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Chipotle Pork Stew with Rice and Lentils

Chipotle Pork Stew close

My husband LOVES Mexican food. He grew up in Southern California where you can get a vast array of authentic Mexican or Americanized Mexican food, and he just LOVES it. Whereas me, while I grew up in Toronto where there is a huge variety of ethnic food, there weren’t that many Mexican restaurants around during my formative years. The first time I really had authentic Mexican food was when I arrived in California to meet Chris’ parents for the first time.

Being the loving wife that I am, I had to attempt another Mexican dish for Chris’ birthday, and I have to say, this Chipotle Pork Stew came off beeyoo-tifully. Slowly simmered pork shoulder gets tender and flavorful, with the smoky heat of chipotle chili peppers and deep flavor from being simmered in beer with lots of onions, garlic and spices. I served it on top of lentils and rice that I flavored with chicken stock, more onions, and a bit of Mexican saffron.

Chipotle Pork Stew

Serve it with loads of fresh cilantro and fresh pico de gallo, and this stew feels lighter and even summery. You can shred the leftover pork and serve it in warm corn tortillas the next day for lunch, if there ARE any leftovers!

I have no idea if this is authentic or not, but it was delicious, and that’s good enough for me! Our dinner guests were happy, Chris was happy, and I was happy.

Chipotle Pork Stew top

Chipotle Pork Stew
Loosely adapted from Epicurious

3 tbsp olive oil
2 onions, diced (I used red ones)
3 cloves garlic, minced
1 large ripe tomato, peeled and diced
1 ½ pounds pork shoulder, cut into one-inch cubes
1 can or bottle of beer
1 cup chicken stock
3 potatoes, cut into one-inch pieces
2 tsp ground cumin
2 tsp ground chipotle chilies (or more)
2 bay leaves
¼ cup fresh cilantro, roughly chopped

Over medium heat, heat the olive oil in a large heavy-bottomed pot. Add the garlic and onions and stir around until slightly translucent. Put the lid on, and sweat the onions for a few minutes until pale golden and aromatic. Lower heat to medium-low, and add the peeled diced tomato. Cook until tomato disintegrates.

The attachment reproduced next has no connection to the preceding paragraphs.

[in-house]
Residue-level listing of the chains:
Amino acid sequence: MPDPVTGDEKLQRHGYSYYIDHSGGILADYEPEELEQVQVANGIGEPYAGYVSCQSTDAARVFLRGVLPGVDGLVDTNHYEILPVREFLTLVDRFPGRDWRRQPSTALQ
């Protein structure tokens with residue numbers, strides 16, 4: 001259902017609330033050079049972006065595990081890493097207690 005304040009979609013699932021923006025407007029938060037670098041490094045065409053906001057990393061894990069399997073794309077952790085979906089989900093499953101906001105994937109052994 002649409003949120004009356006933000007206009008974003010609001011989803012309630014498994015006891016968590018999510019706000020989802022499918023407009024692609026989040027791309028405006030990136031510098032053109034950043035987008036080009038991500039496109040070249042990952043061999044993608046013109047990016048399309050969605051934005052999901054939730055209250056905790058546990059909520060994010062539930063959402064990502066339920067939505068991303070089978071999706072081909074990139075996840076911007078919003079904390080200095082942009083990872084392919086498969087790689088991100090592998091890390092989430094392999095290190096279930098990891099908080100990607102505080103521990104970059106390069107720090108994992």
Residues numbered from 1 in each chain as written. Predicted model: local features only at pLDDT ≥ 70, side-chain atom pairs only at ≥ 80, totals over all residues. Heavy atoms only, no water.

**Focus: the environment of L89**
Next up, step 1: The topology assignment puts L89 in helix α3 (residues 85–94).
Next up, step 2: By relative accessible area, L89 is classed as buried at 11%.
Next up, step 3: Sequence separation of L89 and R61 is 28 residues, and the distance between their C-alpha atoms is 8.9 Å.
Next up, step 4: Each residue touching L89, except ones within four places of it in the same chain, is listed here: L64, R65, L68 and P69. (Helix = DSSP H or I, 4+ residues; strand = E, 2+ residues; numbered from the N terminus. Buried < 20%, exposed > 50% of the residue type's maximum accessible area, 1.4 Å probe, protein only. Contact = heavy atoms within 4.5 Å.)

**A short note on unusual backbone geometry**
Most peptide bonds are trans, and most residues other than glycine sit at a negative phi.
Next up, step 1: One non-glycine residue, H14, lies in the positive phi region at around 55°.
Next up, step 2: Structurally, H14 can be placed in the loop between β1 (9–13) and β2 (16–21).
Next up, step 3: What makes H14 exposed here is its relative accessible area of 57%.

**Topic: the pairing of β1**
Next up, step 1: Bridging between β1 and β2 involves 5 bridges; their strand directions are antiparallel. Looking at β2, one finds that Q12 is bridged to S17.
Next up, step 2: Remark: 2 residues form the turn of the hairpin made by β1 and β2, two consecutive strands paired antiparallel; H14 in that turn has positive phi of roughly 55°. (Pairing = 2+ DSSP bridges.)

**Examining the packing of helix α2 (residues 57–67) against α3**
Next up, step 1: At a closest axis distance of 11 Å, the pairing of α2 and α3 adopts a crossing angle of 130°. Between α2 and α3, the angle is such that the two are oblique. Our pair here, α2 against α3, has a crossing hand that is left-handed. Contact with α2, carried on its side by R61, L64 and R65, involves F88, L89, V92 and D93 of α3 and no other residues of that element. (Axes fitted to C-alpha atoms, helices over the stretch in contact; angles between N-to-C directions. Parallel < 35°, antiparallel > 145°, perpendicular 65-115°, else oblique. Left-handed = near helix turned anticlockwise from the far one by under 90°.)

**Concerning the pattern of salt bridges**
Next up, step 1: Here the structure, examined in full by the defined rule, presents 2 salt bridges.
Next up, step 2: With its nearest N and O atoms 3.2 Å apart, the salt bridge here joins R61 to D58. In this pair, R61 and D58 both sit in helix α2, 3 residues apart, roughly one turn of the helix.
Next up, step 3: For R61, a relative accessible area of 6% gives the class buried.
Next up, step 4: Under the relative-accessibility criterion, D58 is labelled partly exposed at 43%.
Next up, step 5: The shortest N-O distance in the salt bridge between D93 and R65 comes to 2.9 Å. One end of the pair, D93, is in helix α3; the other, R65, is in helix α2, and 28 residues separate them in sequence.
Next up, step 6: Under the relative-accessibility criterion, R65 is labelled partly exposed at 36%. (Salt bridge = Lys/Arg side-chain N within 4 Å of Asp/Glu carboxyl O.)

Increase heat back to medium. Add the pork and stir until cubes of pork are browned. Add potatoes, beer, and then the chicken stock. Add the cumin, chipotle chili powder, bay leaves, and a pinch of salt. Bring back to a boil. Cover, and lower heat to a simmer.

Simmer approx one hour or more until pork is tender. If sauce isn’t thick enough, simmer with lid off for a few minutes to thicken sauce. Adjust seasonings and serve with rice and lentils and topped with cilantro.

Rice Cooker Rice and Lentils
Don’t forget to soak the lentils before cooking, or they won’t cook at the same rate as the rice.

2 tbsp olive oil
2 cups rice
3/4 cup lentils, rinsed and soaked for 1 hour
½ an onion, diced
2 cloves garlic
1 tsp Mexican saffron
1 cup chicken stock
2 ½ cups water

Put the olive oil, onion and garlic in the rice cooker. Switch to on and cook for about 5 minutes. Add the rest of ingredients and mix thoroughly. Put the cover back on, make sure rice cooker is set to “cook” and let the rice cooker do the rest of the work! When it’s done, stir up the rice and lentils and mix thoroughly to make sure the flavorings are well distributed.

5 comments to Chipotle Pork Stew with Rice and Lentils

  • I am glad that your husband and guests are happy with the recipe. I am also in to Mexican Food and pork recipe. So soon I am going to try this! Thank you for sharing!

  • I love Mexican food! I lived in Arizona for 8 years. I especially love fresh pico de gallo – I can eat it on pretty much everything. This looks absolutely delicious!

  • lien

    thanks for the great recipe. substituted black-eyed beans for the potatoes cos i didn’t to double starch and it was still great. as a cheat used diced canned tomatoes rather than fresh too. served mine with lime rice and pico de gallo to cut the heat down some…

  • FRank

    This recipe sounds wonderful! How long do I soak the lentils before cooking them with the rice. I’ve looked ll over the internet and can’t get a clear answer.


  • Camilla

    I just soak them about an hour before cooking. It’s just to start them on their way to softening so that they’re tender at the same time that the rice is done.